In most situations, an insurance claim is covered by a single policy. Occasionally, however, claims in the contracting industry can legitimately be covered by both a contractor’s own insurance policy and a project’s insurance policy. In these situations, it can be difficult to decide which policy to file a claim against. If you’re a contractor in Massachusetts, here’s a look at the advantages and disadvantages of filing such a claim with your own contractors insurance policy or a project’s insurance policy.
Should Massachusetts Contractors File a Claim Against Their Contractors Insurance or a Project’s Insurance When Claims Are Covered by Both Policies?
Filing a Claim Against Your Own Contractors Insurance Policy
When filing a claim against your own contractors insurance policy, other people working on the project aren’t directly involved in the process. They may be consulted by an insurer’s representative to help clarify what happened or determine the extent of any damage caused. They themselves, however, aren’t filing the claim, and their insurance policy isn’t involved in the claim.
This can help prevent tensions between you and others involved in the project from building up. Since the project’s insurance policy isn’t affected by your claim, the owner or general contractor who’s the policyholder of the project’s policy shouldn’t be aggravated by the claim. They’ll likely continue working with you as they have throughout the project thus far.
Keeping tensions from rising, however, comes at a cost. Filing a claim against your contractors liability insurance policy could cause an increase in your business’ future rates, because most insurers in Massachusetts consider past claims history when calculating premiums. In fact, just one claim might make your business’ contractors liability insurance rates go up for several years.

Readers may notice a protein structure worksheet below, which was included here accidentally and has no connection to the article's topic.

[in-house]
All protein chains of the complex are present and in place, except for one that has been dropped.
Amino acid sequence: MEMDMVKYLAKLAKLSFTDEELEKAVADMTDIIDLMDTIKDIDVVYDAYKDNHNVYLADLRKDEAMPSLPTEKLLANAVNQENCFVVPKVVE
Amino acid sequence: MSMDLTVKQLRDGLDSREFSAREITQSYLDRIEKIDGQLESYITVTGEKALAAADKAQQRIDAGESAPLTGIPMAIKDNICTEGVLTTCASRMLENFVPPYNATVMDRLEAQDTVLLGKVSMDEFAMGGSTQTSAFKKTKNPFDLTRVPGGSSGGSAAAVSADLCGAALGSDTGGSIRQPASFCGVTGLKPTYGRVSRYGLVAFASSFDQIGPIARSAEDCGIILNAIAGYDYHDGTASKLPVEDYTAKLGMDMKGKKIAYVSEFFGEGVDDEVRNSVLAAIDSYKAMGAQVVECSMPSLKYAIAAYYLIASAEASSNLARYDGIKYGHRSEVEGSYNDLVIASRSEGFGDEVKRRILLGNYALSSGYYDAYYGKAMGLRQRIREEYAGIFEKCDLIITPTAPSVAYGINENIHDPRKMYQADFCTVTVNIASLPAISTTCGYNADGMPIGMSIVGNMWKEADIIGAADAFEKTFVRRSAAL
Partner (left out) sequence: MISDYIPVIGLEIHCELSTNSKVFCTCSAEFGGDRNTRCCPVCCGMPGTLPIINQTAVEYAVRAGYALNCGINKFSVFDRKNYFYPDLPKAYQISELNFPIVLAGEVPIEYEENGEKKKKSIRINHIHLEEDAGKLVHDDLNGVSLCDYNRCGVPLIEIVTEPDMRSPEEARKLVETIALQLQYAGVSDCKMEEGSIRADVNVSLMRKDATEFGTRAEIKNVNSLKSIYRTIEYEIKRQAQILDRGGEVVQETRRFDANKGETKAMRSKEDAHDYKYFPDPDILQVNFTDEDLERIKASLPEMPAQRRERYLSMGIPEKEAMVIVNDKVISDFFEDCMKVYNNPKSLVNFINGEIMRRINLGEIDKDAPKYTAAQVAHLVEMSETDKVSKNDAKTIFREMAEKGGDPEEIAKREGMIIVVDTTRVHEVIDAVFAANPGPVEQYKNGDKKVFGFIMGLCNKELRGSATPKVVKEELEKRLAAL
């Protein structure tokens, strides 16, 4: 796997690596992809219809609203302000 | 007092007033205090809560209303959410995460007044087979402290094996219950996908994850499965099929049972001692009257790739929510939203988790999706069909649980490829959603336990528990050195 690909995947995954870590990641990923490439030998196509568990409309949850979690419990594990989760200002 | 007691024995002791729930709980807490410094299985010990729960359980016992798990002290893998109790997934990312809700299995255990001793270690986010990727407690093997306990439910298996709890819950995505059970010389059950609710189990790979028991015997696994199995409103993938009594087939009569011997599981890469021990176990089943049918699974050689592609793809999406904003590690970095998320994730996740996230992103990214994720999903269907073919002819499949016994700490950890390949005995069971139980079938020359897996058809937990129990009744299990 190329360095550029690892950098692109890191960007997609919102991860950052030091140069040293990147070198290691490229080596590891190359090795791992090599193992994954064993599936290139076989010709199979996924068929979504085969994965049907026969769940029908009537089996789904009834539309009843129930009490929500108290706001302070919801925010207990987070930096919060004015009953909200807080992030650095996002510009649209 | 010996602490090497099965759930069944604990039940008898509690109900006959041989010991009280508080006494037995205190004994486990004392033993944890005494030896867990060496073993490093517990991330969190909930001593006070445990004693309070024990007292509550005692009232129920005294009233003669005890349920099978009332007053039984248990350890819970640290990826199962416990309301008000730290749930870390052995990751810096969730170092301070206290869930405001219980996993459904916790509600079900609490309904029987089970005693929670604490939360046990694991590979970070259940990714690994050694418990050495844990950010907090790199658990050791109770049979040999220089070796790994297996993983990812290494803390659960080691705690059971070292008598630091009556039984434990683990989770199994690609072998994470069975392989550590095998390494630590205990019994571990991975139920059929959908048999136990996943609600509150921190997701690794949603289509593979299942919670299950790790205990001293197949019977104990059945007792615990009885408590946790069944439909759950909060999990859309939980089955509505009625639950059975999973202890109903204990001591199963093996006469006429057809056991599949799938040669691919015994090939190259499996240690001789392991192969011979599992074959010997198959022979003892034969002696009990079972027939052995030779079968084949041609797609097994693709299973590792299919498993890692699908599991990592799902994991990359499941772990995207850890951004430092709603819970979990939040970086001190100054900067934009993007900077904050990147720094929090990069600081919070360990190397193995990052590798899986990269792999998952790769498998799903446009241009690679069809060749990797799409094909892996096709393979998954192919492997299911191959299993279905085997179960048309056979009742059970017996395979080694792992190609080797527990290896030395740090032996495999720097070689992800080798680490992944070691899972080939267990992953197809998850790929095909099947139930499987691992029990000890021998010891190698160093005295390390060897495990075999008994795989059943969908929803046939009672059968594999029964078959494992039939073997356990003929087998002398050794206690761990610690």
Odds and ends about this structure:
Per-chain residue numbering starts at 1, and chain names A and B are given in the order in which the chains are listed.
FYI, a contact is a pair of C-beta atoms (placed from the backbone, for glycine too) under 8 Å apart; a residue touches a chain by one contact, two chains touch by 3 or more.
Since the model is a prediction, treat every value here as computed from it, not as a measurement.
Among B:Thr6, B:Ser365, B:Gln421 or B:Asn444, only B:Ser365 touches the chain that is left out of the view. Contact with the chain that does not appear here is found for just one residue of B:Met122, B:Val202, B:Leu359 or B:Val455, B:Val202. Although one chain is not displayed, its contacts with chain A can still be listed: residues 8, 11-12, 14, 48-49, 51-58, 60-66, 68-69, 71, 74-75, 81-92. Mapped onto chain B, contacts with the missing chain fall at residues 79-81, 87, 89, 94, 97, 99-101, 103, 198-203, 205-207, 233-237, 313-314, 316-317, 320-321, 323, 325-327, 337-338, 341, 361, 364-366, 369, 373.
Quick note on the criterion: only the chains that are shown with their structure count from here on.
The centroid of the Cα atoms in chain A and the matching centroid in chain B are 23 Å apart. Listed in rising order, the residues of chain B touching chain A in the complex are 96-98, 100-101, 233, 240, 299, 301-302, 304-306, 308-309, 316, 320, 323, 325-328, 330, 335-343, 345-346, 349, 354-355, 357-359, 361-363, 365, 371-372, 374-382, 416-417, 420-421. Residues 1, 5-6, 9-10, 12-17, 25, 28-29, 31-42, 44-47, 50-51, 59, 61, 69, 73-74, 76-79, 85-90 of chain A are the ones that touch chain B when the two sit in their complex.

Filing a Claim Against a Project’s Policy
By filing a claim against a project’s policy, you may risk upsetting the policyholder owner or general contractor. Tensions may rise for a couple of reasons.
First, the owner or general contractor will have to be involved in the claim, since it’s being filed against their policy. Few people would like to spend their time dealing with an insurance claim, especially when they’re trying to execute a major building project.
Second, their business’ insurance premiums might increase in the future. Just as a claim might make your business’ contractors liability rates go up, a claim history will likely make a building owner’s or general contractor’s future insurance premiums increase. They might want your business to absorb this potential increase rather than their company.
If tensions rise working on a project together may become awkward, frustrating or challenging. There is a significant benefit to this option, though -- your business’ future contractors liability insurance rates shouldn’t increase. Since the claim isn’t being filed against your business’ policy, it probably won’t show up in your business’ claims history.
Talk with Your Massachusetts Insurance Agent Before Filing a Claim
If you have a claim to file, contact your independent Massachusetts insurance agent for help deciding which policy to file the claim against. An independent agent will be able to make sure that a claim can be filed against either your contractors insurance policy or the project’s policy. (Some claims may have to be filed against one policy and not the other, and others might require initially filing the claim against both policies and letting the insurers sort out coverages.) Assuming a claim can be filed against either policy, your independent agent will be able to help you think through the advantages and disadvantages of either option.